Prerequisite(s): ECN 101 and 102; MTH 110 or PSY 213.
ENV 327
Writing about Environmental Science
3 Credits
This course is designed for students with some basic scientific skills, who might become scientists professionally, but all of whom will be communicating about science, often to non-scientists. In this course, we will read, discuss, and practice a variety of methods of communicating about environmental science, from popular culture to news to government reports. Students will competently translate scientific results into written journalistic English and will be able to evaluate scientific results from the news in terms of its scientific accuracy and clarity.
POL 311
The Research Process
3 Credits
This seminar is essential for students who both use and produce scholarly research. It examines both the process and products of scholarship in the social sciences, including the following: choice of topic, development of research questions or hypotheses, retrieval of sources, preparation of a literature review, choice of appropriate methodology, and consideration of research results.

Prerequisite(s): Junior standing or consent of the instructor.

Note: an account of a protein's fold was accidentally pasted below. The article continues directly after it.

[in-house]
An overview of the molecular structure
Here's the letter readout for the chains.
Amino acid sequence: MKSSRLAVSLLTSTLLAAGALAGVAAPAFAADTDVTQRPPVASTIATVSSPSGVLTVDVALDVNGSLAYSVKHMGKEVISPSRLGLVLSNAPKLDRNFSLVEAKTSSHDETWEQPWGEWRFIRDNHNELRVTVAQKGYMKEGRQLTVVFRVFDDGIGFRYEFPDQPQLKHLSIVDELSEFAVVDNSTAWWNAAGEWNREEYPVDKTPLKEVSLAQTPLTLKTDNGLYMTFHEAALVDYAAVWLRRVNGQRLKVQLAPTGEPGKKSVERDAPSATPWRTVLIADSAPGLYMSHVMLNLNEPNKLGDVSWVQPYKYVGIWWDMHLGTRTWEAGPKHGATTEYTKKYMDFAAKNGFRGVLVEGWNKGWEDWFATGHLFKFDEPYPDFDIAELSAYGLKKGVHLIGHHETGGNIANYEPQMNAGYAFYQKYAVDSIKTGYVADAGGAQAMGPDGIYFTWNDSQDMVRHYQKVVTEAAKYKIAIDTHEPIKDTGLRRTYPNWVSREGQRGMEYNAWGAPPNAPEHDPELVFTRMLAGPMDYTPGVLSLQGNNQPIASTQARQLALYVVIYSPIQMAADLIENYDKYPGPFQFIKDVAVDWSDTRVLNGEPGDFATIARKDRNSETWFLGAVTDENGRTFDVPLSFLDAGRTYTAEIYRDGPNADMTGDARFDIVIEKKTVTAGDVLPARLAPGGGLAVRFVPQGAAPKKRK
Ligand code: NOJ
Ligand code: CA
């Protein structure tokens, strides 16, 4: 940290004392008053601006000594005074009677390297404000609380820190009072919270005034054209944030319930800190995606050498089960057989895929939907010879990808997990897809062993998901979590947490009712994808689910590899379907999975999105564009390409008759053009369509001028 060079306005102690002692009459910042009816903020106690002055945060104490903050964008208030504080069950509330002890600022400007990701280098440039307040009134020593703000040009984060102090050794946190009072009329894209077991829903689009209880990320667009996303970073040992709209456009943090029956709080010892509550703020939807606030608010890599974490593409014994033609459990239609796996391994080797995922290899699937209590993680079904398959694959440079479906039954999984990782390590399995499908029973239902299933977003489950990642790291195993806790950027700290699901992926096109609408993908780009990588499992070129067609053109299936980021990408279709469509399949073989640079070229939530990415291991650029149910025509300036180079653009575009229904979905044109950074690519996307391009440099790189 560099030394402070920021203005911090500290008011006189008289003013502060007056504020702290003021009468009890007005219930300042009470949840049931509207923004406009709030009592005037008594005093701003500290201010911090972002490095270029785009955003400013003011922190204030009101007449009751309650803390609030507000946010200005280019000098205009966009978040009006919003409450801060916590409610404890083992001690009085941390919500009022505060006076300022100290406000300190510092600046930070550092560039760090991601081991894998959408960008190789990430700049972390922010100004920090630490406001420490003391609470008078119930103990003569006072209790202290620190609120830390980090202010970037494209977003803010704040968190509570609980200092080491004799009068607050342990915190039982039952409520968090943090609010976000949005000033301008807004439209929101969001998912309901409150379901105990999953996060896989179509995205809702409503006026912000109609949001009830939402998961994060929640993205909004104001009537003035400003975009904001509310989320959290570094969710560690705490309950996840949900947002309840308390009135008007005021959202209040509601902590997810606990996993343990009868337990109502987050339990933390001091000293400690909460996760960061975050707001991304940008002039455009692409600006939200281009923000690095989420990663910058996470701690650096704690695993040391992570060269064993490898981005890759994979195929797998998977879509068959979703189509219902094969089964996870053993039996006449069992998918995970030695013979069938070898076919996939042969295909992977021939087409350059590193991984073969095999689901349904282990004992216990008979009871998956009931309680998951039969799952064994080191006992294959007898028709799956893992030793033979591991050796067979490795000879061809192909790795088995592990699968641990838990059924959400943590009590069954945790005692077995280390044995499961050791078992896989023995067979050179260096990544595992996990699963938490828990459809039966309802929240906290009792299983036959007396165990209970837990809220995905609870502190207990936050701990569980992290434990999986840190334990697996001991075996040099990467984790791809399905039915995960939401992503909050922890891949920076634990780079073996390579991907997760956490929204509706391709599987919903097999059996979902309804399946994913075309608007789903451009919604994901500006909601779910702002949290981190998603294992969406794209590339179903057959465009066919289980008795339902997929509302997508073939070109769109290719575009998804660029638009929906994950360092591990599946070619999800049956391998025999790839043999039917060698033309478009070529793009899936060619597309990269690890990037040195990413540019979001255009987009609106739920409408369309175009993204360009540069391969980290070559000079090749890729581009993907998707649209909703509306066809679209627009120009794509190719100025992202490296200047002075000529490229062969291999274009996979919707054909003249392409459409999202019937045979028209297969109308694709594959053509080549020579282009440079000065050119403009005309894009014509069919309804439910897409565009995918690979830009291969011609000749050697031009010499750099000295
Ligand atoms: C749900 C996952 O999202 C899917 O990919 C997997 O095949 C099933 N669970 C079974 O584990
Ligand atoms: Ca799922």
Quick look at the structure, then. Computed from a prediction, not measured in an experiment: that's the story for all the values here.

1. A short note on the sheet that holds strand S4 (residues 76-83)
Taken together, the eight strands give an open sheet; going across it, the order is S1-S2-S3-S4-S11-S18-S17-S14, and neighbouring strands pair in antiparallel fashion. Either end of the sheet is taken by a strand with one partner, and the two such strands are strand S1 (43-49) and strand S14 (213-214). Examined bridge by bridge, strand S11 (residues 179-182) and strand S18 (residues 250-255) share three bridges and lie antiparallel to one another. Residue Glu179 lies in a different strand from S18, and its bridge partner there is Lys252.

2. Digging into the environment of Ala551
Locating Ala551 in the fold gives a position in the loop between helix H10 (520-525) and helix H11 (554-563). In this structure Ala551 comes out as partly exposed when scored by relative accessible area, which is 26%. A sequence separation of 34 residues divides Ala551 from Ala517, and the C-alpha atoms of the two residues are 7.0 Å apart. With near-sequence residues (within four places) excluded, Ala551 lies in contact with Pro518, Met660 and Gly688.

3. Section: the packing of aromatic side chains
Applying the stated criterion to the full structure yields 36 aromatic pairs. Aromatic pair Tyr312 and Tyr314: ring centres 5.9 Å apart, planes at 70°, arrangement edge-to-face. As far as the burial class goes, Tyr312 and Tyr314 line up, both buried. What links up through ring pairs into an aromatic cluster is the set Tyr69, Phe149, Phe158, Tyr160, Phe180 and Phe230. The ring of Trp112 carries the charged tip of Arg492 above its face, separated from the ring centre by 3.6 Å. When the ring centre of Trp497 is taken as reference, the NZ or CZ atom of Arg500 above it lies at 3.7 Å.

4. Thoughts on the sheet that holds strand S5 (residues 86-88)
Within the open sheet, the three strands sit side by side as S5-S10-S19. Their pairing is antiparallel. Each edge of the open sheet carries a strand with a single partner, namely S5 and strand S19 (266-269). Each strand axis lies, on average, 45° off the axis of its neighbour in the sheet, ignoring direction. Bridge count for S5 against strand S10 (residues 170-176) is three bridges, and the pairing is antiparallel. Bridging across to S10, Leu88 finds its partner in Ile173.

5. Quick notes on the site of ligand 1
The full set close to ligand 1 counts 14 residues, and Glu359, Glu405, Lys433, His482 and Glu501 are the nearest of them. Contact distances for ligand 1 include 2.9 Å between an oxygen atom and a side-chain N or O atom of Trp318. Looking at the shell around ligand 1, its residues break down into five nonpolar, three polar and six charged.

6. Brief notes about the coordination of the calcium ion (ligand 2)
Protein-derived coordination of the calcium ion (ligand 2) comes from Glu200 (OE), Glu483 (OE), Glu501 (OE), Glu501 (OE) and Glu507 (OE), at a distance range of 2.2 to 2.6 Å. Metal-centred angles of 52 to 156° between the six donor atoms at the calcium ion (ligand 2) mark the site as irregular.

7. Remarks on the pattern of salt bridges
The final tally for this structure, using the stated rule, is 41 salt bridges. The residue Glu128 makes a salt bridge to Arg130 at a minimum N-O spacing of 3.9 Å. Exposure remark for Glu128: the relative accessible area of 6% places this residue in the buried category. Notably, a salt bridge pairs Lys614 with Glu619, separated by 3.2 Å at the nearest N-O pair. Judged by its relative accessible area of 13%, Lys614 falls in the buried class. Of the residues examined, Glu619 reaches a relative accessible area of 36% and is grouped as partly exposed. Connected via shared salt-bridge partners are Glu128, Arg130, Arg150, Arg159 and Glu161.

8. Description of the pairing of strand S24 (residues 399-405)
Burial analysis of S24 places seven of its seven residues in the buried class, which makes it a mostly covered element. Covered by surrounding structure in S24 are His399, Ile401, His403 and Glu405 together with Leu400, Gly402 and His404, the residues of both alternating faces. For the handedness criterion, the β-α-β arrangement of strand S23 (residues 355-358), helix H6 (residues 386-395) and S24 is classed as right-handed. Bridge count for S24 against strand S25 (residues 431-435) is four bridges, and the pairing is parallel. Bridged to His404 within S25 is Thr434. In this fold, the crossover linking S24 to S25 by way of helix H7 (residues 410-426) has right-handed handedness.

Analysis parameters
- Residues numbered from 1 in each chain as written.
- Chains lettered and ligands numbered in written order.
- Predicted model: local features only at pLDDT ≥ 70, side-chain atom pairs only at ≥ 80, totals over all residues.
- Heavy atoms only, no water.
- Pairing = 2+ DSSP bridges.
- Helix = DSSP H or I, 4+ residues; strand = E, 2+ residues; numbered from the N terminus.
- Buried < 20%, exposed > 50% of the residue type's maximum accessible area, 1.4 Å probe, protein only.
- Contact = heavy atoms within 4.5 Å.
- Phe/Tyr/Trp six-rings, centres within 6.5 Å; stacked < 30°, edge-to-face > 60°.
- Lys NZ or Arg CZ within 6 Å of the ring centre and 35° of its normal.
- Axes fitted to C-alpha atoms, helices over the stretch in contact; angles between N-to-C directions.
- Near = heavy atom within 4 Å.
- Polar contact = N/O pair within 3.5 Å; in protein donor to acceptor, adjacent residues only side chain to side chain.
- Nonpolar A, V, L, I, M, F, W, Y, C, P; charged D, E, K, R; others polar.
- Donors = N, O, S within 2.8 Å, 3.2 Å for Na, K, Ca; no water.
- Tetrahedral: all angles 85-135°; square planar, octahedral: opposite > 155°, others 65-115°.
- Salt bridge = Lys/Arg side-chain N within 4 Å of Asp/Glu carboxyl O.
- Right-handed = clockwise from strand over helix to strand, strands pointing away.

ENV 498
Tutorial
4 Credits
ENV 499
Tutorial
4 Credits
Three environmental electives from the following list:
BIO 224
Botany
3 Credits
An introduction to the structure and function of plants. Topics include the evolutionary rise of green plants, plant life cycles and development, plant physiology, plant ecology, and the morphology and taxonomy of vascular plants. The importance of plants for humans is discussed, including their use for food and medicine. Three hours of lecture per week.

Prerequisite(s): BIO 143 and 144
BIO 224L
Botany Laboratory
2 Credits
Experiments to complement the material presented in BIO224. Four hours of laboratory or field experience per week.

Corequisite or prerequisite: BIO224.

Additional Fee(s): Laboratory fees.
BIO 226
Toxicology
3 Credits
An introduction to toxic substances, their classification, entry into living systems, modes of action, and fate. Various living systems are considered, from the subcellular to the ecosystem level. Three hours of lecture per week.

Prerequisite(s): BIO 143 and 144; CHM 109 and 110
BIO 384
Plant Physiology
3 Credits